Robert Wilson’s commentary “What did they do to my U?” (May 17) painted an inaccurate picture of leadership and oversight of the University of Minnesota, questioning our commitment to creating and maintaining a nationally prominent Medical School and health care organization.

As chair of the Board of Regents, I can attest that the board and university leaders not only are engaged, but have made it a priority to strengthen the academic health sciences at the U — including improving the rank of the Medical School and the University of Minnesota Medical Center. This is not a new commitment; many gains have already been made.

In early 2013, we recognized significant changes were needed in our clinical operations. With our partner, Fairview, we reached a new agreement to form UM Health, an entity that has been operating for close to two years now, providing better service to our patients, and improved quality, experience and safety while reducing costs. Our relationship with Fairview today is built on shared goals — to achieve high rankings in clinical care, educate and train Minnesota’s health care workforce, and conduct clinical research that improves patient care and outcomes — while maintaining strong financial performance, a necessary component to support medical education at the university.

The Medical School has embarked on a new strategic plan, completely revamping the curriculum to prepare students for a new team-based health care delivery approach and bringing renewed emphasis to scholarship among faculty. The state’s investment of $30 million will help the U hire 50 top researchers and attract new research funding that is critical to move us into the top 20 medical schools in the next five to eight years.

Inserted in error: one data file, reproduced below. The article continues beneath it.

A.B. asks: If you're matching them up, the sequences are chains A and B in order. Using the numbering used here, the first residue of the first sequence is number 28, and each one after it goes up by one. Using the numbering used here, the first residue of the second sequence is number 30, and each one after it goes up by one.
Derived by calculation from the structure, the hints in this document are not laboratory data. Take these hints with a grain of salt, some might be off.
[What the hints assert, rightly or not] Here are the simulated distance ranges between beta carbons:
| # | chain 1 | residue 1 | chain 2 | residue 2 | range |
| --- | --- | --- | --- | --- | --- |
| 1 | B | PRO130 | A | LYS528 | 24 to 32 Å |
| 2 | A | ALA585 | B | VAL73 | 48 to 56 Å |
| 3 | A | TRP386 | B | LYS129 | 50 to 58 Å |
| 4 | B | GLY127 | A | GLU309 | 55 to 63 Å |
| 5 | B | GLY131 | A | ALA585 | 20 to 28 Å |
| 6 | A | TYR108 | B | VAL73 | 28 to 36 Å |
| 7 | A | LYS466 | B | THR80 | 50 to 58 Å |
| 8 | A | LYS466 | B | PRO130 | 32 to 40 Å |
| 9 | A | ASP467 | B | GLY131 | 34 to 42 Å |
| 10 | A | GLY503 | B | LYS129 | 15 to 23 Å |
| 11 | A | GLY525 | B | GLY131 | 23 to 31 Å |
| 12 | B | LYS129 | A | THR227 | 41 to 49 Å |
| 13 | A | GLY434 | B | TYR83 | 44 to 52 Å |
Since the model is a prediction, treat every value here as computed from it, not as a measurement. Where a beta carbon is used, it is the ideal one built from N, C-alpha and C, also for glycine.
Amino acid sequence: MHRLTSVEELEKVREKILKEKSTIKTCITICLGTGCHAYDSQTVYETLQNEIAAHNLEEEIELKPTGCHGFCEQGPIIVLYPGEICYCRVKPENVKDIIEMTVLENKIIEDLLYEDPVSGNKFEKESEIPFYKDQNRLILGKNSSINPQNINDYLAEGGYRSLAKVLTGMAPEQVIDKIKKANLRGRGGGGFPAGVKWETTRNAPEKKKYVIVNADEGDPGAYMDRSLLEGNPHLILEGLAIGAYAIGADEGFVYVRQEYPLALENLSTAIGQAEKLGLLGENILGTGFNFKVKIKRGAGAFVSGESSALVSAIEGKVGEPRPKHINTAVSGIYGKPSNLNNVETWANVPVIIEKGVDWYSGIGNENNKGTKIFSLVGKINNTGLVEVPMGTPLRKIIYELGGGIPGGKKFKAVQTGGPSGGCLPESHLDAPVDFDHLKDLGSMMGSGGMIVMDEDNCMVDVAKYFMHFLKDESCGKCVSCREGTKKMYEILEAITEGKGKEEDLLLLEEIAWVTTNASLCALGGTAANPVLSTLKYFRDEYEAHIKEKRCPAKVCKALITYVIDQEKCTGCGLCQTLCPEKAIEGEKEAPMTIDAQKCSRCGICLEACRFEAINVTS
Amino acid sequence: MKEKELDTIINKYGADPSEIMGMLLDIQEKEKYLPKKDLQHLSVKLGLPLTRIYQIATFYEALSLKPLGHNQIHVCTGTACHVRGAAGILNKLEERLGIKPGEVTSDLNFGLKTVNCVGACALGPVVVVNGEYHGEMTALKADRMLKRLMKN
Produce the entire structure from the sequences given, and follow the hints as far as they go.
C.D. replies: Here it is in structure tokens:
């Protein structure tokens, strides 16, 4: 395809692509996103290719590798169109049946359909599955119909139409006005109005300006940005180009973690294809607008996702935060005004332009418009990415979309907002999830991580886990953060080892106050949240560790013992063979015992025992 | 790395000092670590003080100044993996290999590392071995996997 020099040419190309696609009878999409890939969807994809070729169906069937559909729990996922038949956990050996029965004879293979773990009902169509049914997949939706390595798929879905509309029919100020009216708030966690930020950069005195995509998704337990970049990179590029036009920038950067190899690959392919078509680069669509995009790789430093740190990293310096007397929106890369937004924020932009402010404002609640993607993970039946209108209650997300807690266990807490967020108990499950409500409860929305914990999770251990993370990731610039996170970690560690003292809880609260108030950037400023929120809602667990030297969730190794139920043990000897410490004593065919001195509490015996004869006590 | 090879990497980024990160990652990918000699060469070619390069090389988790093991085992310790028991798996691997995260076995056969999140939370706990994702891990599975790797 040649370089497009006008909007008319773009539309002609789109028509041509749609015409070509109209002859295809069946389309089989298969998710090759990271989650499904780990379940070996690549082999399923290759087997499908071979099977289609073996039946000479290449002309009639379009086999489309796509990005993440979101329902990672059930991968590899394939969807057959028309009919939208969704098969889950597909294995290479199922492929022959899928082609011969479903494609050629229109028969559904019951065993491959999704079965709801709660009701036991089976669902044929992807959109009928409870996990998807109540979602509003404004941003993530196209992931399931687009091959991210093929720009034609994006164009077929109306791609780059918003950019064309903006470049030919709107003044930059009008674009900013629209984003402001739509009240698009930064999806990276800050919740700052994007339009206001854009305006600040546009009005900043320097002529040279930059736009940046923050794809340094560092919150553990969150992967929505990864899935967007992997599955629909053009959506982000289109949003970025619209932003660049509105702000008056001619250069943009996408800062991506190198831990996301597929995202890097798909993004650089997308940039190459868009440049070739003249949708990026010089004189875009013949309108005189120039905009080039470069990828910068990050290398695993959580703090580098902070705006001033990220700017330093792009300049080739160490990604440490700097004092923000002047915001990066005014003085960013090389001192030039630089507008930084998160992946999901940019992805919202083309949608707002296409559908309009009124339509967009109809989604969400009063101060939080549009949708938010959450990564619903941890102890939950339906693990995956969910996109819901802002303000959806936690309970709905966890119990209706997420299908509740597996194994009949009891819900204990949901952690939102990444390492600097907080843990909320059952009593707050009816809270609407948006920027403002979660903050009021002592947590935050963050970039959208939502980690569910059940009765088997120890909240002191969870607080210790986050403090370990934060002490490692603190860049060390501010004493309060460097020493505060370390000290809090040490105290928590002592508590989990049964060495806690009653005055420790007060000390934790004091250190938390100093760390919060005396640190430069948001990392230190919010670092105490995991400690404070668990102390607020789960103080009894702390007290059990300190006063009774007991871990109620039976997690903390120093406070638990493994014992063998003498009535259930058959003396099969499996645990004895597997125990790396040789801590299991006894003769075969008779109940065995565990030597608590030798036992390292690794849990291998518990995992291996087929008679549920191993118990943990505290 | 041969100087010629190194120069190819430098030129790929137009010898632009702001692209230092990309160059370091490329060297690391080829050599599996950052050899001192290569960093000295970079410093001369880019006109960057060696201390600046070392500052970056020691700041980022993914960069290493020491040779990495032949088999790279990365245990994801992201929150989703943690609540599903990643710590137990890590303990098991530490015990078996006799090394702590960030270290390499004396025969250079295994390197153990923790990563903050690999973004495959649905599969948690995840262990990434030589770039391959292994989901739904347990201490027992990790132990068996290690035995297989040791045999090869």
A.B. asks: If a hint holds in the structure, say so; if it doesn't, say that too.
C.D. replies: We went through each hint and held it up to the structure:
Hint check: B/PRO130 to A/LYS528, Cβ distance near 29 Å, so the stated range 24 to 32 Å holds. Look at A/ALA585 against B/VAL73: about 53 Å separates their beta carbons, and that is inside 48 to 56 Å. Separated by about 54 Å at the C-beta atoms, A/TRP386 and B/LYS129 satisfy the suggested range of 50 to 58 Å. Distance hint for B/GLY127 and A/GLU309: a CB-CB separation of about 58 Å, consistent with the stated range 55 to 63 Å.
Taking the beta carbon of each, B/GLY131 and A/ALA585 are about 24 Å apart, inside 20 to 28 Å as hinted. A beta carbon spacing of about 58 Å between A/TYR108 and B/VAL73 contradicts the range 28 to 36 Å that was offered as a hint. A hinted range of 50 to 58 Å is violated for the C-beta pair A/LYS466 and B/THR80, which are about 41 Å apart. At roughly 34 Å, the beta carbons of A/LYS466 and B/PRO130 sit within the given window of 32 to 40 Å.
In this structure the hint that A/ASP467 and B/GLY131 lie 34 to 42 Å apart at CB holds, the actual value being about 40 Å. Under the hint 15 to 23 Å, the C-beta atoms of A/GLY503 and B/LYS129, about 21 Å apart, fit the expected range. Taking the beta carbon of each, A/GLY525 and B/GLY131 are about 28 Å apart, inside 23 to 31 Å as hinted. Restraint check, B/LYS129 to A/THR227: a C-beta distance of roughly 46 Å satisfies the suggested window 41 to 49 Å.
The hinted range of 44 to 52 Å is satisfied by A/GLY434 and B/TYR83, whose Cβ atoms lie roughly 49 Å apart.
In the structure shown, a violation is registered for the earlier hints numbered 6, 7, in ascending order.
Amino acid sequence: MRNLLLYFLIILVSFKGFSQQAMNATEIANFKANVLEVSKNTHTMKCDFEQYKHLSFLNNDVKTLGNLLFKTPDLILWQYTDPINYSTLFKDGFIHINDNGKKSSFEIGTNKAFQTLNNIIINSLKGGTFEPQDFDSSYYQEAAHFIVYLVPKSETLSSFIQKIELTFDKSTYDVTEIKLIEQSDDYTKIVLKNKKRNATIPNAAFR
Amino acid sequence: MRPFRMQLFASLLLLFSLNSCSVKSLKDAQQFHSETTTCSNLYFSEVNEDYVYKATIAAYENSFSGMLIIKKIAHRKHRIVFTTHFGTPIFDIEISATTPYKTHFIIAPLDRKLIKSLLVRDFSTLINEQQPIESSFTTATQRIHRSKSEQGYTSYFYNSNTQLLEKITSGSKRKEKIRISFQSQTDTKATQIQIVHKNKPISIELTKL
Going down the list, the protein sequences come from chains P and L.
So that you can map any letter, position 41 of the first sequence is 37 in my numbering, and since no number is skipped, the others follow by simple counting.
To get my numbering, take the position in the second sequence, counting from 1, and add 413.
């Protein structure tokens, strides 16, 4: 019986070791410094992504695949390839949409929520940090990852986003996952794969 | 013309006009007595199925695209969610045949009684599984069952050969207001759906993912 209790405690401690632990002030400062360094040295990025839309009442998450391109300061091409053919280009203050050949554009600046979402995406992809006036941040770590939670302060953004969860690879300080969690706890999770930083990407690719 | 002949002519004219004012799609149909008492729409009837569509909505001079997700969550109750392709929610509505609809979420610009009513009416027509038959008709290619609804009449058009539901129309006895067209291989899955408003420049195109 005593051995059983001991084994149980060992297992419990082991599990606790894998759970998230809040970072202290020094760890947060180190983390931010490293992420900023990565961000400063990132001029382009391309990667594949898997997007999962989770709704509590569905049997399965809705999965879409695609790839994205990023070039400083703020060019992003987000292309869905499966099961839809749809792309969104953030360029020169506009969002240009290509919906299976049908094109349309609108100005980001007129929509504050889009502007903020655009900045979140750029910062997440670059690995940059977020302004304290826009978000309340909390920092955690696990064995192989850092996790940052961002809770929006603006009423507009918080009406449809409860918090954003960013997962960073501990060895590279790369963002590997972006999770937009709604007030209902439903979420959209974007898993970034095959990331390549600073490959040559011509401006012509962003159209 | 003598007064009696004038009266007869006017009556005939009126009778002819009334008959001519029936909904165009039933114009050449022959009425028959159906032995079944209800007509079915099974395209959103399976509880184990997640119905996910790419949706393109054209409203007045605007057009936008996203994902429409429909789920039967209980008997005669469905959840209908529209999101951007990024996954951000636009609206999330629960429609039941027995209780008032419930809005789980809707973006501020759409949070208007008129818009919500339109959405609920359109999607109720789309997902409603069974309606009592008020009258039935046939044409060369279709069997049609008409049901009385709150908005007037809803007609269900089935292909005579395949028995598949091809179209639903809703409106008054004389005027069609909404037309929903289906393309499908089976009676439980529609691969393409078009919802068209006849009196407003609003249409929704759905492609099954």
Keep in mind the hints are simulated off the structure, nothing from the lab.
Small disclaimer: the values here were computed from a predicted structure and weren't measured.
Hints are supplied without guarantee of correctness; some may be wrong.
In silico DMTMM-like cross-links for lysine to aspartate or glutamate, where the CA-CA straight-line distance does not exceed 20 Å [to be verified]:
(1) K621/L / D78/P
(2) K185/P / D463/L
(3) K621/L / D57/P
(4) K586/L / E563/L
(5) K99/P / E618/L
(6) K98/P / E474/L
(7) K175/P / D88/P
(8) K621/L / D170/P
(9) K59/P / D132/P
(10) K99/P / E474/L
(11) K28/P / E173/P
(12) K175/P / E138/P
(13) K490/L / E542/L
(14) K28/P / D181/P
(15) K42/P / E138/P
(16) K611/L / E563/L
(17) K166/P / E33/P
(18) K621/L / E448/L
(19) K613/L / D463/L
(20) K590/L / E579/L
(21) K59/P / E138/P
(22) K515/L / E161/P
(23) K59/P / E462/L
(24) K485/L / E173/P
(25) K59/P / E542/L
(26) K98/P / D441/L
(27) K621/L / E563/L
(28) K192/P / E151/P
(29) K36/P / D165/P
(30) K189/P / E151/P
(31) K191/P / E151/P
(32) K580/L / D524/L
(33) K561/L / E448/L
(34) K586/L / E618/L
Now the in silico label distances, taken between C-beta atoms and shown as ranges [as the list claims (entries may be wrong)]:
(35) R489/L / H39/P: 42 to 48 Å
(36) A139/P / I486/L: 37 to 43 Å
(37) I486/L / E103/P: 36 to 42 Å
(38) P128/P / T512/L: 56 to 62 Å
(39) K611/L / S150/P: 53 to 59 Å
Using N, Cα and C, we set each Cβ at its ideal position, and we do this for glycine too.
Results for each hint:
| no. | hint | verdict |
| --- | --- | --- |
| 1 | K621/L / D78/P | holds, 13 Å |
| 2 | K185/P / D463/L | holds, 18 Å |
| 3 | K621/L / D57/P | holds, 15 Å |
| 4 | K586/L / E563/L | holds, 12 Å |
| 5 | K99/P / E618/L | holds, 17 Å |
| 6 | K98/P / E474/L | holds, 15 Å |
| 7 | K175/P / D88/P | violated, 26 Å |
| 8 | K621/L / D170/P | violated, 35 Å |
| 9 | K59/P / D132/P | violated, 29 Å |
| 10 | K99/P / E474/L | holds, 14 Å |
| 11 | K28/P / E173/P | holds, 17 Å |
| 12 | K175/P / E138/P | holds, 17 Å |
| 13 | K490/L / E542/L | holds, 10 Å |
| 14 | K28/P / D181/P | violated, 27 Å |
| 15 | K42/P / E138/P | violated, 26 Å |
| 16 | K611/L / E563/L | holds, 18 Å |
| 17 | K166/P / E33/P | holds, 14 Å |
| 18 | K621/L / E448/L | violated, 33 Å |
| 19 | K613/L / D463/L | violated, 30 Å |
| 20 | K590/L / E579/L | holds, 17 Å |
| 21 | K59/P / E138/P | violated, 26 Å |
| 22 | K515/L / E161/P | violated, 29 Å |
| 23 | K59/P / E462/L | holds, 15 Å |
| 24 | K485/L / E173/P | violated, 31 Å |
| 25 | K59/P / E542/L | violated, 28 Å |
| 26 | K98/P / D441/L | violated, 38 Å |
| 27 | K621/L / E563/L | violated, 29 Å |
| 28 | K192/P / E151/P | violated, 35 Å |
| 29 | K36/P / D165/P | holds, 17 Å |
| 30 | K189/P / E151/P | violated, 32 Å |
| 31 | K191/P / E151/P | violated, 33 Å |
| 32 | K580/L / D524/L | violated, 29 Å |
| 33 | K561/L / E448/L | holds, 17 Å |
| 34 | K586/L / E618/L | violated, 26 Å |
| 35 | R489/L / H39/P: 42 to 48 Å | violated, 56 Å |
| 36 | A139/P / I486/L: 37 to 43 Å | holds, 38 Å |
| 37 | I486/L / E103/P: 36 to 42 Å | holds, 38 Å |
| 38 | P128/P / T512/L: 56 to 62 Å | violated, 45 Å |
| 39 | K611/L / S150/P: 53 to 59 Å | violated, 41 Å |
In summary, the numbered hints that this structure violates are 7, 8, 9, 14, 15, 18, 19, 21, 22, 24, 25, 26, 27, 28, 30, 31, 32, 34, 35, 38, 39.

Under the strong leadership of university President Eric Kaler and Medical School Dean Brooks Jackson, the Medical School is on the rise.

Richard Beeson, St. Paul

The writer is chair of the University of Minnesota Board of Regents.


We need more information on patterns at Eagan outlet mall

Because the majority of those cited or charged with shoplifting at Eagan’s new outlet mall have been people of color, the Star Tribune reports concerns (“Shoplifting arrests raise question of bias,” May 17). What is glaringly absent is any information that would provide perspective.

If the charges are being found to be baseless, we should all be concerned. If there is probable cause, then the public should be concerned that these allegations are being made. Shoplifting costs all of us. If someone shoplifts, they should be prosecuted, regardless of color.

Kathy Meinhardt, Bloomington

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Who is doing the arresting? Is it black police officers or white officers arresting blacks? My guess is that it is the white policemen arresting blacks more often than the black policeman arresting black shoplifters. I didn’t see that addressed in the story.

Genna Anderson, St. Paul

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The article mentioned shoplifting rings that go from store to store carrying foil-lined shopping bags to thwart theft detectors. It is often impossible to catch such people in the actual act of stealing merchandise.

Minnesota has a statute on the books that makes the mere possession of burglary tools under certain circumstances a crime with a punishment of up to three years in prison. Let’s amend our laws to make the possession of a foil-lined shopping bag or any other shoplifting aid in a retail establishment evidence of intent to shoplift. Three years sounds fine to me, and I doubt we would nab a lot of schoolgirls swiping a lipstick on their lunch break.

Edward Stegman, Hastings



In Minnesota, the law protects the sharing of pay information